Parents' Guide to

The Adventures of Young Indiana Jones

By Will Wade, Common Sense Media Reviewer

age 8+

A thrilling, educational romp through history.

TV ABC Drama 1994
The Adventures of Young Indiana Jones Poster Image

A Lot or a Little?

What you will—and won't—find in this TV show.

Community Reviews

age 10+

Based on 10 parent reviews

age 13+

Beware Vlad Dracu!

We have been watching the Chronicles with our kids since last year (Vol 1 & 2) and find them very interesting & good conversation starters on many subjects. We talked about the mostly war-related violence along the way, but last night we started watching the Dracula-related episode, and I wish there had been a warning here. Scenes of impaled secret agents, an accomplice of Indy’s seemingly possesed and blood dripping from the ceiling, I wish my 11- and 12-yr olds had not seen this. I had watched some episodes on TV a while ago, but not this one. As we progress through Vol 3, I will watch ahead of time! It is still a valuable series and although my kids probably don’t understand much of the battle strategies and treaties mentioned, they will come away with enough information to look it up when they’re older.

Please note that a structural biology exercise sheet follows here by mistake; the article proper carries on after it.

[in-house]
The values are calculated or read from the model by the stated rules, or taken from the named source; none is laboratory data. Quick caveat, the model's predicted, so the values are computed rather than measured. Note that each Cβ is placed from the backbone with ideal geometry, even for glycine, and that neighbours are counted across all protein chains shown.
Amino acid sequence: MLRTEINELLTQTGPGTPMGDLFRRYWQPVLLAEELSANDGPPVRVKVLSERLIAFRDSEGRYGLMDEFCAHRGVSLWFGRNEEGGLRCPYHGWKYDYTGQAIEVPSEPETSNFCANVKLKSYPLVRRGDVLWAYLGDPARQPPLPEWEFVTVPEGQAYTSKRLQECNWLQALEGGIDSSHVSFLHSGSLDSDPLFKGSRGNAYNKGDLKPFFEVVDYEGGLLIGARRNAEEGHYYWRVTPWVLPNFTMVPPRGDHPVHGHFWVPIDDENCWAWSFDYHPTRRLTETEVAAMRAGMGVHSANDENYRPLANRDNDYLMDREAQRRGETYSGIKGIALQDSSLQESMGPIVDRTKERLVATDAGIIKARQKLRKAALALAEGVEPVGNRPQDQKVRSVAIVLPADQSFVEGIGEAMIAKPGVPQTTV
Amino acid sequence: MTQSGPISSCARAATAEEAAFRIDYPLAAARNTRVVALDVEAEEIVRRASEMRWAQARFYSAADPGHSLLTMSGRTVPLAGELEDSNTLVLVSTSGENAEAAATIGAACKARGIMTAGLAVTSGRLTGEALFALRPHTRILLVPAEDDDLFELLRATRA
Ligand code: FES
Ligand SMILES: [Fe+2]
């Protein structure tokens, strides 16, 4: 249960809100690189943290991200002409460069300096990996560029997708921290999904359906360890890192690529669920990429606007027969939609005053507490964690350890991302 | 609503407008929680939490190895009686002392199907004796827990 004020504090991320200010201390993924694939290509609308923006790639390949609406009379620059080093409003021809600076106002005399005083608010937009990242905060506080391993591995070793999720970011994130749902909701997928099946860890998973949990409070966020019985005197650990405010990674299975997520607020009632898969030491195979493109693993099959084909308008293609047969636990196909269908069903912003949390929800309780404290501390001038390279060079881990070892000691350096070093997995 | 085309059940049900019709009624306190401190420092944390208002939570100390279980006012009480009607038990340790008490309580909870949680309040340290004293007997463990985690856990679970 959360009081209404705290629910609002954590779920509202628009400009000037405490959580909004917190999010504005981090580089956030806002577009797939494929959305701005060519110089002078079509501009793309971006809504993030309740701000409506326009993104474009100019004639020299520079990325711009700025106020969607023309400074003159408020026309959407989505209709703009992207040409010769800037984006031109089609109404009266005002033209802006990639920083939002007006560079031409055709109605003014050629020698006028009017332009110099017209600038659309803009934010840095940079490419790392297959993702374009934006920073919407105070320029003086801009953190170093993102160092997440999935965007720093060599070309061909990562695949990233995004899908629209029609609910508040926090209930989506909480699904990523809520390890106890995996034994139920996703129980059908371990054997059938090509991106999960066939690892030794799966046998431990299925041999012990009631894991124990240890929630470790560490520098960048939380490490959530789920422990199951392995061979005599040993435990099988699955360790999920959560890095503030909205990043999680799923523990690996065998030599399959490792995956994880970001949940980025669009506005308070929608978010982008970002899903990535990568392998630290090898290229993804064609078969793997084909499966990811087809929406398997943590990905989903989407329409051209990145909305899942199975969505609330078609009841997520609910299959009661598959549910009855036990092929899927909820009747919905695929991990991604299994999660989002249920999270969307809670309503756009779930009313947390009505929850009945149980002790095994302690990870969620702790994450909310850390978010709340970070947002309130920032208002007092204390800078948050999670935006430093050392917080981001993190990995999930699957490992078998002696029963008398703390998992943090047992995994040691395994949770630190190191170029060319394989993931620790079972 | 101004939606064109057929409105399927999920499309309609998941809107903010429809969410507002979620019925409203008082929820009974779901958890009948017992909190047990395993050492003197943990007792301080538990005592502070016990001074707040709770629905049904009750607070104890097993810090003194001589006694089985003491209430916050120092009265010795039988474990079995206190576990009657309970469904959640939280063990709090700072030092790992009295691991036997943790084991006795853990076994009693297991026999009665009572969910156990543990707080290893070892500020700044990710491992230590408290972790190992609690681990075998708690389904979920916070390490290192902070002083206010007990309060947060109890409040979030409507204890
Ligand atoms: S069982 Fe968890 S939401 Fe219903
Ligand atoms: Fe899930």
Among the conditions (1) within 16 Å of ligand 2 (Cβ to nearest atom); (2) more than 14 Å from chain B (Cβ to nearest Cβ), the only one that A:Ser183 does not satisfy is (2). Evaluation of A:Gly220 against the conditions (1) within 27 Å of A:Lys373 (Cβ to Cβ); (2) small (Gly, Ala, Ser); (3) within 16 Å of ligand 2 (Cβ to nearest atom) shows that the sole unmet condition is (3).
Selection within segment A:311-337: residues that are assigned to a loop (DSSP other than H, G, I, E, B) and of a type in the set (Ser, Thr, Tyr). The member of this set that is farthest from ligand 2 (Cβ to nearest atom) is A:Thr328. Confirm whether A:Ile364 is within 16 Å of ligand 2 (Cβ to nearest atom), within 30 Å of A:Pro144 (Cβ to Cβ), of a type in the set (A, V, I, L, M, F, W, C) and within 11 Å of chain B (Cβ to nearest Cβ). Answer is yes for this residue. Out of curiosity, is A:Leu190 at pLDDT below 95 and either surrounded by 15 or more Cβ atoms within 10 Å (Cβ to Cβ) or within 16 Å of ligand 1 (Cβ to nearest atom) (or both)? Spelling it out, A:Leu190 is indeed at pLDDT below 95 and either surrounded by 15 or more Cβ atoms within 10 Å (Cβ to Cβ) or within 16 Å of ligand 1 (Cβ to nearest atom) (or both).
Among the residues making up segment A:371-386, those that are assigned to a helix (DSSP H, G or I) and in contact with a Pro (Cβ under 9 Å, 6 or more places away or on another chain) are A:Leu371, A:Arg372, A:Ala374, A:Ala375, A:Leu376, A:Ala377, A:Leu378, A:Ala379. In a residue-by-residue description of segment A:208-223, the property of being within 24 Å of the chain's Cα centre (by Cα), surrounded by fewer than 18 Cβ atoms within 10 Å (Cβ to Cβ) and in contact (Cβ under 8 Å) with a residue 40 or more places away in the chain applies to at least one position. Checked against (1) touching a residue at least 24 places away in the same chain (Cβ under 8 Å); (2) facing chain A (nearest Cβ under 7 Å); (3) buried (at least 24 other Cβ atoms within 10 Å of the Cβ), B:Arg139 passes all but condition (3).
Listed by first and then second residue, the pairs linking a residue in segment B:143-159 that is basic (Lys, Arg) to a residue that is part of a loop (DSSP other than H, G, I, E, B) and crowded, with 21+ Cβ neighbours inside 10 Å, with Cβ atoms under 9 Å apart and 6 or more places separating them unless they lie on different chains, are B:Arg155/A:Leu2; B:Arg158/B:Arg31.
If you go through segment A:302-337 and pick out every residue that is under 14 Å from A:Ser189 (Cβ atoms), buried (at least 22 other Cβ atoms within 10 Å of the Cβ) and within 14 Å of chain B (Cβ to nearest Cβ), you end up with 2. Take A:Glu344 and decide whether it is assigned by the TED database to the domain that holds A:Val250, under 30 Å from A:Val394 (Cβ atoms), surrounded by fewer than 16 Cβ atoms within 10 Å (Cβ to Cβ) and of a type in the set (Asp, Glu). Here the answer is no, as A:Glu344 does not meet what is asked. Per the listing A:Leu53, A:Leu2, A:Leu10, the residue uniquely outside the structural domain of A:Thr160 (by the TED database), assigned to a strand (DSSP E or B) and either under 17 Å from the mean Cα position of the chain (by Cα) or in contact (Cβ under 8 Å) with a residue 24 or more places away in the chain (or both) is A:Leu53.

age 5+

Good alternative to the films for younger viewers.

Is It Any Good?

Our review:
Parents say (10 ):
Kids say (3 ):

That said, don't expect a straight adaptation of the movies as the character moves to the small screen. Though there's plenty of action, and the series manages to capture the entertaining blend of thrills and comedy that made the movies so much fun, the plot twists sometimes seem a bit forced as the writers must engineer ways for Indy to run into the next big historical character. And it's hard for even the best action sequences to match the sheer audacity of Indy's big-screen exploits, some of which remain among the best ever filmed.

On the plus side, while the movies were non-stop thrill rides from start to finish, the TV version of Indy's life takes time to introduce some important ideas. When Indiana Jones sits down to discuss philosophy or love or art or military strategy with some of history's greatest thinkers, the series adds an enjoyable element of education that's missing from the films.

TV Details

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